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Sno’where To Go But Up

Storm After Storm, Facilities Operations and Services Keeps Campus Moving

UMass Lowell Image
Members of the Facilities Operations and Services grounds crew pause for a group photo while shoveling the campus out of a recent snow storm.

By Ed Brennen

Mother Nature’s relentless flurry of punches over the past month has set snowfall records, wreaked havoc with class schedules and left even the heartiest of New Englanders saying, “No más!

For Facilities Operations and Services, the department responsible for clearing the streets, parking lots, sidewalks and steps across the university’s 150-acre campus, the unprecedented series of blizzards and winter storms has not only tested ice melt and salt budgets, but also physical and mental stamina.

“All the storms have started to blur together to be honest with you,” says Joseph LoBuono, Associate Director of Operations and Services. “It’s off the charts. It’s been crazy.”
As LoBuono described his department’s operations recently, the seven-member grounds team was preparing for Winter Storm Neptune, which delivered another 16 inches of fresh powder Valentine's weekend. According to the UMass Lowell Weather Center, the city’s snowfall total through Feb. 18 was 103.2 inches.

That number is even more impressive when you consider the city saw just a trace of snow through December and most of January. But Operations and Services, which relies on two separate weather forecasting companies to prepare for storms, knew a big change was on the horizon.

“That jet stream switched and they both said it was basically going to be one storm after another storm after another storm,” LoBuono says. “They gave us a good idea it was going to happen, but nothing like this.”

The game plan

With each impending storm, LoBuono looks at the weather reports with Director of Operations and Services TJ McCarthy. They then formulate a snow-clearing game plan with Grounds Operations Manager Sean Belanger and Housekeeping/Building Services Manager Gualter Almeida, whose 46-member team is not only responsible for shoveling all stairways and a 5-foot clearance at the base, but also cleaning up salt and snow that’s tracked into buildings.

If a storm is expected to roll in at midnight, LoBuono says staff members start operations around 2 a.m. Then, at 4 a.m., LoBuono and McCarthy hold a conference with several other university officials to give a status update and determine if classes need to be canceled.

“The goal is always to get classes open — people are here to learn -- but the more we can get people off campus, the easier it is to clean,” says LoBuono, who estimates it takes six hours to completely plow and salt the campus’ 6.5 miles of walkways and 2.2 million square feet of parking lots once the last snowflake has fallen in an average storm.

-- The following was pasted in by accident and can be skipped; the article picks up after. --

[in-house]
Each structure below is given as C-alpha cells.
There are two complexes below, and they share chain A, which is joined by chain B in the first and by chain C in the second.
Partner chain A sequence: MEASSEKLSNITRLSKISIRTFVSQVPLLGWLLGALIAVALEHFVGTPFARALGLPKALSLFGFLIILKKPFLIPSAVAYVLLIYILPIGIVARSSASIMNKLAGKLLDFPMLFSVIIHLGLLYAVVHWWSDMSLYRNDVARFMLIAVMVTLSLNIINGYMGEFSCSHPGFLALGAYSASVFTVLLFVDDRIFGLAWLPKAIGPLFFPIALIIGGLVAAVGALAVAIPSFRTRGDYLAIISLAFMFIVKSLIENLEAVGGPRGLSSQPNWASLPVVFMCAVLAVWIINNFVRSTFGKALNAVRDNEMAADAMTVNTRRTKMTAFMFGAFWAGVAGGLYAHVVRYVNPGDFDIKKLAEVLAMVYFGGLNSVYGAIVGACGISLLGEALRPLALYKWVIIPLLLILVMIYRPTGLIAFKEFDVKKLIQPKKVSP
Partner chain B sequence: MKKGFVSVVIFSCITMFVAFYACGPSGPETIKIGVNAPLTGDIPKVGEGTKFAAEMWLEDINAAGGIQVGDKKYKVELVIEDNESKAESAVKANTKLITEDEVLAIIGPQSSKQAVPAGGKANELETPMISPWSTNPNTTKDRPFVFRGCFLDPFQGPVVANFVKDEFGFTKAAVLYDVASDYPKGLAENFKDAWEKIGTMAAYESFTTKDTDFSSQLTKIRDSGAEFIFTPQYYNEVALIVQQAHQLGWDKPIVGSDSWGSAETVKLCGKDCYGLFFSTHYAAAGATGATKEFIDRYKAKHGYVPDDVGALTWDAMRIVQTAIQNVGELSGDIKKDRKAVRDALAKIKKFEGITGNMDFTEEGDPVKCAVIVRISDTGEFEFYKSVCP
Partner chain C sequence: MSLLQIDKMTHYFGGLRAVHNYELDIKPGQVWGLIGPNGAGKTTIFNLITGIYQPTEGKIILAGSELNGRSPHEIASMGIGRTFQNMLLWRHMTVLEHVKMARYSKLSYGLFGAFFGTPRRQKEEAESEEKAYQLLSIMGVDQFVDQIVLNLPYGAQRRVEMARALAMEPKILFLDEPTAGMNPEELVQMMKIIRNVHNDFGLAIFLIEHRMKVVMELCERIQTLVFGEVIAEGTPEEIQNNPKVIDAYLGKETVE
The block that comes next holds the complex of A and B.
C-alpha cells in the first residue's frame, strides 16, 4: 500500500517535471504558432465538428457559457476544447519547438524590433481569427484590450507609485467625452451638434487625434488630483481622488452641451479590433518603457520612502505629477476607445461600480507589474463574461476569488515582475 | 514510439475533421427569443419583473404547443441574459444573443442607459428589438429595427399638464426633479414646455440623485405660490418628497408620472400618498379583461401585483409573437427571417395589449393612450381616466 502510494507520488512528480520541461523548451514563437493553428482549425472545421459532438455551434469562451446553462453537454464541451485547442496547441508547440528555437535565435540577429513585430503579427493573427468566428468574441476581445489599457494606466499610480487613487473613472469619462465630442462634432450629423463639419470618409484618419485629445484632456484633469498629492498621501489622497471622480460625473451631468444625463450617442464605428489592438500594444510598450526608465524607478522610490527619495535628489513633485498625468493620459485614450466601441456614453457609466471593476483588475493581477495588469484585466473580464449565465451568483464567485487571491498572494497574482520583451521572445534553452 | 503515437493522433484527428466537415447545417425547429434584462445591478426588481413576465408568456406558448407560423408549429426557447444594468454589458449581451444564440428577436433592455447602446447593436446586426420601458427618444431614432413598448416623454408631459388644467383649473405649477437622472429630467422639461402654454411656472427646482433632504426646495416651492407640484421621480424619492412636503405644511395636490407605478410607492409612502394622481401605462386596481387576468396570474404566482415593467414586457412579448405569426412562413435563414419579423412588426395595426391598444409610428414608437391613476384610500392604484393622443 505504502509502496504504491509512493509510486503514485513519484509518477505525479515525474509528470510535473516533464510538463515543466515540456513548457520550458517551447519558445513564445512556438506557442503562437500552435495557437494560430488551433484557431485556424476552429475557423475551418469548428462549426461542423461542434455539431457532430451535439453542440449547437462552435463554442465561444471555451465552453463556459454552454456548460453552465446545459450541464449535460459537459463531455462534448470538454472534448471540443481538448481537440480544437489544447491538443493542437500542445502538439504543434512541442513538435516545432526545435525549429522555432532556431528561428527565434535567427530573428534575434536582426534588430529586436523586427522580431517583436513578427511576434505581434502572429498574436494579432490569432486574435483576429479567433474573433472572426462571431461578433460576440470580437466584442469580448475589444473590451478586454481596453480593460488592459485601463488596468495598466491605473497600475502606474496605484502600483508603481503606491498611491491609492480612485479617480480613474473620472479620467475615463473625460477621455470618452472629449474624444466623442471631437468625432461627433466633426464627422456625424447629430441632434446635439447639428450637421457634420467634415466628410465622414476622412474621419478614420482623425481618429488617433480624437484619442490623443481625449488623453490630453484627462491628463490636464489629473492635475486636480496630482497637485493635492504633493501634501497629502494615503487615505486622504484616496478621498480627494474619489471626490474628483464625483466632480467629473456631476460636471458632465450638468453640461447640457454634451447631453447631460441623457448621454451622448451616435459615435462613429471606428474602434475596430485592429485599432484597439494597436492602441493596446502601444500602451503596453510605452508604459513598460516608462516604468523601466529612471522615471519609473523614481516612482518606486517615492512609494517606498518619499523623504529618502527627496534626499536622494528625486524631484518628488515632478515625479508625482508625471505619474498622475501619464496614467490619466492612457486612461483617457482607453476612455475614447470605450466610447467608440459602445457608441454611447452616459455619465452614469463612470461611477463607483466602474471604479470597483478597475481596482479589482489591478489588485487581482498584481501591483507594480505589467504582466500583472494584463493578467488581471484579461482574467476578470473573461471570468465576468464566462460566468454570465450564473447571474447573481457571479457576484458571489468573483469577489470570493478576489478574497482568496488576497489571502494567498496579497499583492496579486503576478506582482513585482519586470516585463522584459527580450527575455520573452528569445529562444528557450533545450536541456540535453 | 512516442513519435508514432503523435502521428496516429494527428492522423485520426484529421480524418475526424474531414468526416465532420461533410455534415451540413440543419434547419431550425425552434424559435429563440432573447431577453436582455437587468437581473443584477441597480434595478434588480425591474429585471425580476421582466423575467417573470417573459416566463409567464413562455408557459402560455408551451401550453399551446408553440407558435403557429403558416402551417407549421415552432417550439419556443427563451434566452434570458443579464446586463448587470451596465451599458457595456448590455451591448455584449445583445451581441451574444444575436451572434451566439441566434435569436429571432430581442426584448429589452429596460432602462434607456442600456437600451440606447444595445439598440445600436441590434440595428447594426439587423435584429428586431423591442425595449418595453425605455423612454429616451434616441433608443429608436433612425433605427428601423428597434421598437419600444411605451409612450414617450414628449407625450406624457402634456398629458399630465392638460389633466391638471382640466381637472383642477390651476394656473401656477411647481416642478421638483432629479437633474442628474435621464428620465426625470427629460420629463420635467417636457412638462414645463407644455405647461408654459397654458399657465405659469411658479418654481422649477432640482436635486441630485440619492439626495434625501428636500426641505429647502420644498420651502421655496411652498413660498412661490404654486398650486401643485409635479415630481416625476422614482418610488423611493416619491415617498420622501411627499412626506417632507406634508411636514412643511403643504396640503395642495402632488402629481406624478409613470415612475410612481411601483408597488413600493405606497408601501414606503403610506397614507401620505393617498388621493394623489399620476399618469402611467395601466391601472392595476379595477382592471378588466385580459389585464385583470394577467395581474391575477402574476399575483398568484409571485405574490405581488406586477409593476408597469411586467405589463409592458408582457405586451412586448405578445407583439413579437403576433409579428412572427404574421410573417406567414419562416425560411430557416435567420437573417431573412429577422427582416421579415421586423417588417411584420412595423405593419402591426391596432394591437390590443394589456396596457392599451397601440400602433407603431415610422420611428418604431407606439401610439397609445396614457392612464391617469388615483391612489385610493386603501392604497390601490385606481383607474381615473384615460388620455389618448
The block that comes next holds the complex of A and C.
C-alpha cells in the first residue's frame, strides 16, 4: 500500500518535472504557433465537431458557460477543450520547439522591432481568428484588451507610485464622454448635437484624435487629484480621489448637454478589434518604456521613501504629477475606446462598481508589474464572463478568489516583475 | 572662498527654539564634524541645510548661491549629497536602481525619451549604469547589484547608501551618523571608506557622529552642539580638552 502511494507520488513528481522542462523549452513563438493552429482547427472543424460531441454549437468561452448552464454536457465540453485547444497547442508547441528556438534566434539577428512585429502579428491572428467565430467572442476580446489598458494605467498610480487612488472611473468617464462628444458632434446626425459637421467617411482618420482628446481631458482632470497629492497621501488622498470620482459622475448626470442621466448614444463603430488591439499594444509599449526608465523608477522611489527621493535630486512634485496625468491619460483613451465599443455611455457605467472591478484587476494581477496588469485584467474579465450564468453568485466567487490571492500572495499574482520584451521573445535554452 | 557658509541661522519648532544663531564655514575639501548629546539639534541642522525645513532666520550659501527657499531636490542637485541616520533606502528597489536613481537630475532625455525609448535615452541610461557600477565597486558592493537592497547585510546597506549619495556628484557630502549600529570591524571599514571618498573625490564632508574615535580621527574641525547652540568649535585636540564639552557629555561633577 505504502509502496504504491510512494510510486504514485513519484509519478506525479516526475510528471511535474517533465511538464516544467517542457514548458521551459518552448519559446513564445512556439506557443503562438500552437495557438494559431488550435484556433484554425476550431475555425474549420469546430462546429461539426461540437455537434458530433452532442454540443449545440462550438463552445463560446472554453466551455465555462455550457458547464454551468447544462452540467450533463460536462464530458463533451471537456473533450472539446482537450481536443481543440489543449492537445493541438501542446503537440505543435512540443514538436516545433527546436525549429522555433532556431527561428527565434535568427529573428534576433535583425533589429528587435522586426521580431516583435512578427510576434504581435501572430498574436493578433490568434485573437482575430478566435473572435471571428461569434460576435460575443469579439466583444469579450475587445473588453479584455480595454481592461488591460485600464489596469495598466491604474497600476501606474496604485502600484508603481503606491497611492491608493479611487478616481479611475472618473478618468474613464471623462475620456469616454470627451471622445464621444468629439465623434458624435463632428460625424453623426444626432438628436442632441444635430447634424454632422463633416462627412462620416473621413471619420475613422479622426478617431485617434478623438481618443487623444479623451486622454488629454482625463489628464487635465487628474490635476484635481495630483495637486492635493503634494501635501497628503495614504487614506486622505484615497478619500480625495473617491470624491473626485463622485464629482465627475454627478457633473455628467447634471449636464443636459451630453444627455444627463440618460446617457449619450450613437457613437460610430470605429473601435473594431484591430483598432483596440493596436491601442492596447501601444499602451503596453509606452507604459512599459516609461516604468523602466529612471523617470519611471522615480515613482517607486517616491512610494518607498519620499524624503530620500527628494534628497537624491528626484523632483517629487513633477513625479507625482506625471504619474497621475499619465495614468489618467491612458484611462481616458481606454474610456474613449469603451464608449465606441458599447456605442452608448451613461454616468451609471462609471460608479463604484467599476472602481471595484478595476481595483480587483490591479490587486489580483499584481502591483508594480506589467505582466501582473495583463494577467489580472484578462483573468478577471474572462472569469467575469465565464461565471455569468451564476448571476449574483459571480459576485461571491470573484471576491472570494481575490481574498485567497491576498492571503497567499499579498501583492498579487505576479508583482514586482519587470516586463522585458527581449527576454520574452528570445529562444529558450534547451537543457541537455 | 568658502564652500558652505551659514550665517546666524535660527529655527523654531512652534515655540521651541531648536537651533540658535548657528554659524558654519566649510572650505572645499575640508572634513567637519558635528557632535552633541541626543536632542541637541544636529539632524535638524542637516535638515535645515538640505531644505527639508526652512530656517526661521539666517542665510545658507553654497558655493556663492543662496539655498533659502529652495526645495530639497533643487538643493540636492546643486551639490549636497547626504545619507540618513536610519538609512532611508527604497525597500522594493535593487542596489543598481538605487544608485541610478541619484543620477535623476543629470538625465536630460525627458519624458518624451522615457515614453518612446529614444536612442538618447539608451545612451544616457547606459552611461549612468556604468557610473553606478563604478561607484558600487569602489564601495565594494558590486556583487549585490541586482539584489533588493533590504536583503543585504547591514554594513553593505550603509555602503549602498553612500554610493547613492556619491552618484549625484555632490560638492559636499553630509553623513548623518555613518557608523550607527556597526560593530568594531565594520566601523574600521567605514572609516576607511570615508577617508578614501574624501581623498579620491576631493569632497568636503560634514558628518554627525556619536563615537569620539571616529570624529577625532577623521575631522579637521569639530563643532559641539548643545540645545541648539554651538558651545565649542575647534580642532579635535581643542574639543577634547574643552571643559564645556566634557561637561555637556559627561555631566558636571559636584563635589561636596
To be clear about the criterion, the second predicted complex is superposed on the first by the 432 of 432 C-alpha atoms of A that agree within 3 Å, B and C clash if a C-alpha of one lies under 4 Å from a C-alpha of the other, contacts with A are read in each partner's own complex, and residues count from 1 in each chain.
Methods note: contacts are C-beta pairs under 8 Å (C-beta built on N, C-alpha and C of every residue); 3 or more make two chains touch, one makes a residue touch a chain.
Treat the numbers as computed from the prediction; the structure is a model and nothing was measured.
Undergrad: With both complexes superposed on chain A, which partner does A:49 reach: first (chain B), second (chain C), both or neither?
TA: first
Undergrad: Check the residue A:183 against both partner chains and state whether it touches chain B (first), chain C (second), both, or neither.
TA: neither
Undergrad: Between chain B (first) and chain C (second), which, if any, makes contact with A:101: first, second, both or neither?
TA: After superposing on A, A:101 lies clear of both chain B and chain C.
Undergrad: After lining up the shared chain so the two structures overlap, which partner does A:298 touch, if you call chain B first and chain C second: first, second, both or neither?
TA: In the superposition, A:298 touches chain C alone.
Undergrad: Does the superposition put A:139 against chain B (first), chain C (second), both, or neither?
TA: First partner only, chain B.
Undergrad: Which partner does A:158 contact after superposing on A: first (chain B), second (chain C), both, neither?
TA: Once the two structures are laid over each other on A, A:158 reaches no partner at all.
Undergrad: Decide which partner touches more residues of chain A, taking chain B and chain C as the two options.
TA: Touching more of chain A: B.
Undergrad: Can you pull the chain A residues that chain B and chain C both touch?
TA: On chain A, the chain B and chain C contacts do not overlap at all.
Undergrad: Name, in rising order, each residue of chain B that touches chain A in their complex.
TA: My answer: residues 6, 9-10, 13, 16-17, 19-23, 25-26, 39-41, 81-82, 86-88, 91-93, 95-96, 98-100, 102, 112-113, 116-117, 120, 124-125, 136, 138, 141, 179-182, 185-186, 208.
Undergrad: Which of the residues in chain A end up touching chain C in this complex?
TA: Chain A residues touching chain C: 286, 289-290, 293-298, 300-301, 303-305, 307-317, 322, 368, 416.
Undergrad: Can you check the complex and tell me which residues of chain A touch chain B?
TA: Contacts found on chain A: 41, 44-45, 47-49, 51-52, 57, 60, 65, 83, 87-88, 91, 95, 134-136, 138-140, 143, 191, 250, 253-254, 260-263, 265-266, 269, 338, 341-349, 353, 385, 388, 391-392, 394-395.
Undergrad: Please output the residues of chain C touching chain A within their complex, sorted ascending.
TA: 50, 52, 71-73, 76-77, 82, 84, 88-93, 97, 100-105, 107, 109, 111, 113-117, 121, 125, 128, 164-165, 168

While the grounds team is responsible for parking lots and walkways on East Campus, two separate outside contractors are hired to clear snow on North and South campuses. The contractors have also been busy clearing several roofs. “The campus is too big for just our grounds department to do,” LoBuono says. 

As for the machinery needed to move all that snow, the university has a fleet of five pickup trucks equipped with plows, two Toolcats and one loader truck. The contractors bring in additional equipment, which for most storms includes 10 Bobcats, seven tri-axle dump trucks, 10 plowing pickups and four loaders. Check out our "by the numbers" graphic on this season's snow.

LoBuono says the department has gone through 10 pallets of ice melt (or about 25,000 pounds) and seven loads of salt (enough to fill a tractor trailer) — and spring is still a month away.

Haul of a job 

Being an urban campus, the biggest challenge is finding a place to put all the snow.

“We try to stack as much as we can in the parking lots, but parking is at such a premium that a lot of it needs to be hauled out now,” says LoBuono, who notes that 21 trucks hauled snow for 25 straight hours to snow dumps on North and South campuses during a recent storm.

Another big challenge is the marathon shifts required to get through the storms. While managers may be on the job for 36 hours straight, driving around campus to direct the operation, LoBuono knows that’s nothing compared to the staff members who are out in the elements shoveling around the clock.

“I can’t say enough about our staff. It’s impressive how long they work and how much they care about the campus to make sure it’s open and ready,” LoBuono says. “Some of them even slept here during the blizzard. They grabbed a couch in O’Leary Library and rested for four hours and went back out and shoveled again.”

For Belanger, who joined Operations and Services in January, the past month has been a baptism by blizzard.

“The staff has been joking that I have brought the snow since my hiring,” says Belanger, a native New Englander who was in elementary school during the Blizzard of ’78. “I’ve kind of viewed this past month’s snow as a positive. It’s shown me how quickly the ops team can respond to the demands of a fast-moving campus.”

LoBuono, also a native New Englander, is staying positive, as well. But he’s already thinking ahead to the work that will need to be done once the mountains of snow finally disappear.

“There’s going to be a lot of grounds cleanup afterward, a lot of bushes and shrubs that are going to be damaged,” LoBuono says. “I joked the other day, this is going to be the first time we’ve been asked to move a snow pile for graduation in May.”